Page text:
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Levi Richardson
Levi Richardson

Descartes: An Intellectual Biography


Most students learn of Descartes only in that he said cogito ergo sum - "I think, therefore I am." This magisterial biography by Stephen Gaukroger, president of the Australian Society for the History of Philosophy, exhaustively explores the question of what it was Descartes was thinking about.




Descartes: An Intellectual Biography



The image of a garden flooded with sunlight might well describe this comprehensive intellectual biography, for it opens to the light of inquiry the dark and somewhat forbidding world of intellectual life in 17th-century Europe.


Descartes has been called the father of modern philosophy. In his publications, and in his extensive correspondence with the Minimite friar Marin Mersenne, he explored almost every issue of intellectual concern in his day. Father Mersenne was at the center of the "Republic of Letters," in communication with Descartes and Fermat in France, Galileo in Italy, and others.


Finally then, we come away from the study of Descartes' life with a deeper insight into the problem of progress in the sciences. Descartes was just plain wrong about a lot of things, including his theories of physiology and planetary motion. Gaukroger's work explicitly focuses on "the relations of Descartes' intellectual pursuits and the intellectual and cultural environment in which they were pursued."


If we can understand something of how Descartes' ideas were shaped by the intellectual culture of his century, and how they have in turn contributed to our own, then we have learned something about ourselves.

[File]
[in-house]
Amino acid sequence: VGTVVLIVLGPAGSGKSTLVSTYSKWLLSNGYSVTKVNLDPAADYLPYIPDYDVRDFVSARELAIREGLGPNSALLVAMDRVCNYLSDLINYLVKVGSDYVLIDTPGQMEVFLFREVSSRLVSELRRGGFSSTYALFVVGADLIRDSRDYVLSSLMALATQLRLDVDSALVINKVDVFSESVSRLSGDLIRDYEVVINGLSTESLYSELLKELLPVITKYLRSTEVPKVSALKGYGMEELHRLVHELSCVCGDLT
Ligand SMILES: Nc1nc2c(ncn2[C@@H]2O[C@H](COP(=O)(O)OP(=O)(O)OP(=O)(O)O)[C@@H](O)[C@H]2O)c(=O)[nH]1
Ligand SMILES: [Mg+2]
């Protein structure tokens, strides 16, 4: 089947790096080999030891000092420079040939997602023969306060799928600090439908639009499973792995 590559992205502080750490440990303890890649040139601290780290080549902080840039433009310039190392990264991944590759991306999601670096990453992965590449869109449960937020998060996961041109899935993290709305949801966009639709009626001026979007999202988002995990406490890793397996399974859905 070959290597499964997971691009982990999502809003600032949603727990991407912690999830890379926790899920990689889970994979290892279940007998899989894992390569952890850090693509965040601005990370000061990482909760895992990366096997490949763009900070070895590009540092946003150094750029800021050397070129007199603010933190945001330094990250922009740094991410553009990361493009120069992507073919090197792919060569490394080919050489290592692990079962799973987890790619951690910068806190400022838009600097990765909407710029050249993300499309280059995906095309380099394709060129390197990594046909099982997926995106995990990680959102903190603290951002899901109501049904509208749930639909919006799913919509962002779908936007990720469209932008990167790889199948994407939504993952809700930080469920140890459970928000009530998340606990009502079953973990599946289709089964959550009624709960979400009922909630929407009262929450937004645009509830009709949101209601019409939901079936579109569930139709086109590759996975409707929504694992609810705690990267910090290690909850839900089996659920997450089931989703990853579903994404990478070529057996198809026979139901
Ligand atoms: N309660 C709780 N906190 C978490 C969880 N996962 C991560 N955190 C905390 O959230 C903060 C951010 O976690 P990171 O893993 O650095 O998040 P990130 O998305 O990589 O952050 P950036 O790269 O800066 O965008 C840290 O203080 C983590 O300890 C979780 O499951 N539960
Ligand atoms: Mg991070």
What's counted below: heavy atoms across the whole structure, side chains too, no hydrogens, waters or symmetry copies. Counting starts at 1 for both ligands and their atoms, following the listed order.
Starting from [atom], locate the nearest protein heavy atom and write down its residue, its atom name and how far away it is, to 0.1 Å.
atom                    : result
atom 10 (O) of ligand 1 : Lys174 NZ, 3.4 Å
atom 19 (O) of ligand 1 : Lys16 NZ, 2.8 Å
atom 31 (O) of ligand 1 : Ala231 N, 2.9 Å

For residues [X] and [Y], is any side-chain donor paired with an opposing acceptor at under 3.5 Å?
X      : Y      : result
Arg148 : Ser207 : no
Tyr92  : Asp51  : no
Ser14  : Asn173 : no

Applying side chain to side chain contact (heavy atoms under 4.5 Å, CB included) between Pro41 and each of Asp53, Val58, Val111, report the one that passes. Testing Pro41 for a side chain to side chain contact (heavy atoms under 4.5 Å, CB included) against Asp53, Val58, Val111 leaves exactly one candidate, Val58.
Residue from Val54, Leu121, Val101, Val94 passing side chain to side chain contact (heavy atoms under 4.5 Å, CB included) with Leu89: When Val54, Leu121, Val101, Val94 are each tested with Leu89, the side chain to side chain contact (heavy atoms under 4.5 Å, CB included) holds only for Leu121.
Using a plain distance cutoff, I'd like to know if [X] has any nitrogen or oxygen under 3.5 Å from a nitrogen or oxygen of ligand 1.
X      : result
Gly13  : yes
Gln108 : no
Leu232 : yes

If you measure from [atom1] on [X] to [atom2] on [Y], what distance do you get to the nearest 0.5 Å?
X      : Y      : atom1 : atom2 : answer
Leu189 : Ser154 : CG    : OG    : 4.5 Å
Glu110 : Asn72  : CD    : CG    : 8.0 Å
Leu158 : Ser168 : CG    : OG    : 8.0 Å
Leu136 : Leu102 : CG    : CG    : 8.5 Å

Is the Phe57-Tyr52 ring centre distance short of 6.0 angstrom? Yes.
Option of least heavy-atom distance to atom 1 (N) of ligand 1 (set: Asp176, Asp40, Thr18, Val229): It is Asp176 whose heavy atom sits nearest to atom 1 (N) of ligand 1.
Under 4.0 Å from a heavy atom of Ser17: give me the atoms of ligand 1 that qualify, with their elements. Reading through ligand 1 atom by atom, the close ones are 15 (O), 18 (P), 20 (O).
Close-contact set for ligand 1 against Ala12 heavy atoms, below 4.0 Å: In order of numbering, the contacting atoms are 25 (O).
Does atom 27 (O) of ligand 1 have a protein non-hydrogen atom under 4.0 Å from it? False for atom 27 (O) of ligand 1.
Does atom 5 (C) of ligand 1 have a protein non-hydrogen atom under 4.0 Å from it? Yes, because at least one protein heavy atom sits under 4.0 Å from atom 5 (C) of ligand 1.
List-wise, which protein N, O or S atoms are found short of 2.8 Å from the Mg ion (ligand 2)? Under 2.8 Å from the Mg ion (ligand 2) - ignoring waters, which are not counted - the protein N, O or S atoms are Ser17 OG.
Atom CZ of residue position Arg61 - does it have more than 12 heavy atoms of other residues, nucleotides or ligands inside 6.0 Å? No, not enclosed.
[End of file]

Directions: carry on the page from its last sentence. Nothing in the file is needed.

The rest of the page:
This article pursues the origin and mutation of a fantastic story concerning an automaton in the shape of a young girl that was supposedly built by René Descartes. In recent decades it has been retold and reimagined so many times that the tale has become an iconic narrative in the context of the reassessment of Descartes's significance in intellectual history. But a close reading of the original story, found in a 1699 work entitled Mélanges d'histoire et de littérature by Vigneul-Marville, reveals an overtly stated agenda of saving the philosopher's moral reputation, which makes most recent interpretations of the story problematic. The vast majority of modern retellings demonstrate no awareness of the content or the significance of the first tale even as it has been used to shed light on Descartes, Cartesian ideas, and early modern thought in general.


It is during this year (1619) that Descartes was stationed at Ulm and had three dreams that inspired him to seek a new method for scientific inquiry and to envisage a unified science. Soon afterwards, in 1620, he began looking for this new method, starting but never completing several works on method, including drafts of the first eleven rules of Rules for the Direction of the Mind. Descartes worked on and off on it for years until it was finally abandoned for good in 1628. During this time, he also worked on other, more scientifically oriented projects such as optics. In the course of these inquiries, it is possible that he discovered the law of refraction as early as 1626. It is also during this time that Descartes had regular contact with Father Marin Mersenne, who was to become his long time friend and contact with the intellectual community during his 20 years in the Netherlands.


The second fundamental point of difference Descartes had with the Scholastics was his denial of the thesis that all knowledge must come from sensation. The Scholastics were devoted to the Aristotelian tenet that everyone is born with a clean slate, and that all material for intellectual understanding must be provided through sensation. Descartes, however, argued that since the senses sometimes deceive, they cannot be a reliable source for knowledge. Furthermore, the truth of propositions based on sensation is naturally probabilistic and the propositions, therefore, are doubtful premises when used in arguments. Descartes was deeply dissatisfied with such uncertain knowledge. He then replaced the uncertain premises derived from sensation with the absolute certainty of the clear and distinct ideas perceived by the mind alone, as will be explained below. 041b061a72


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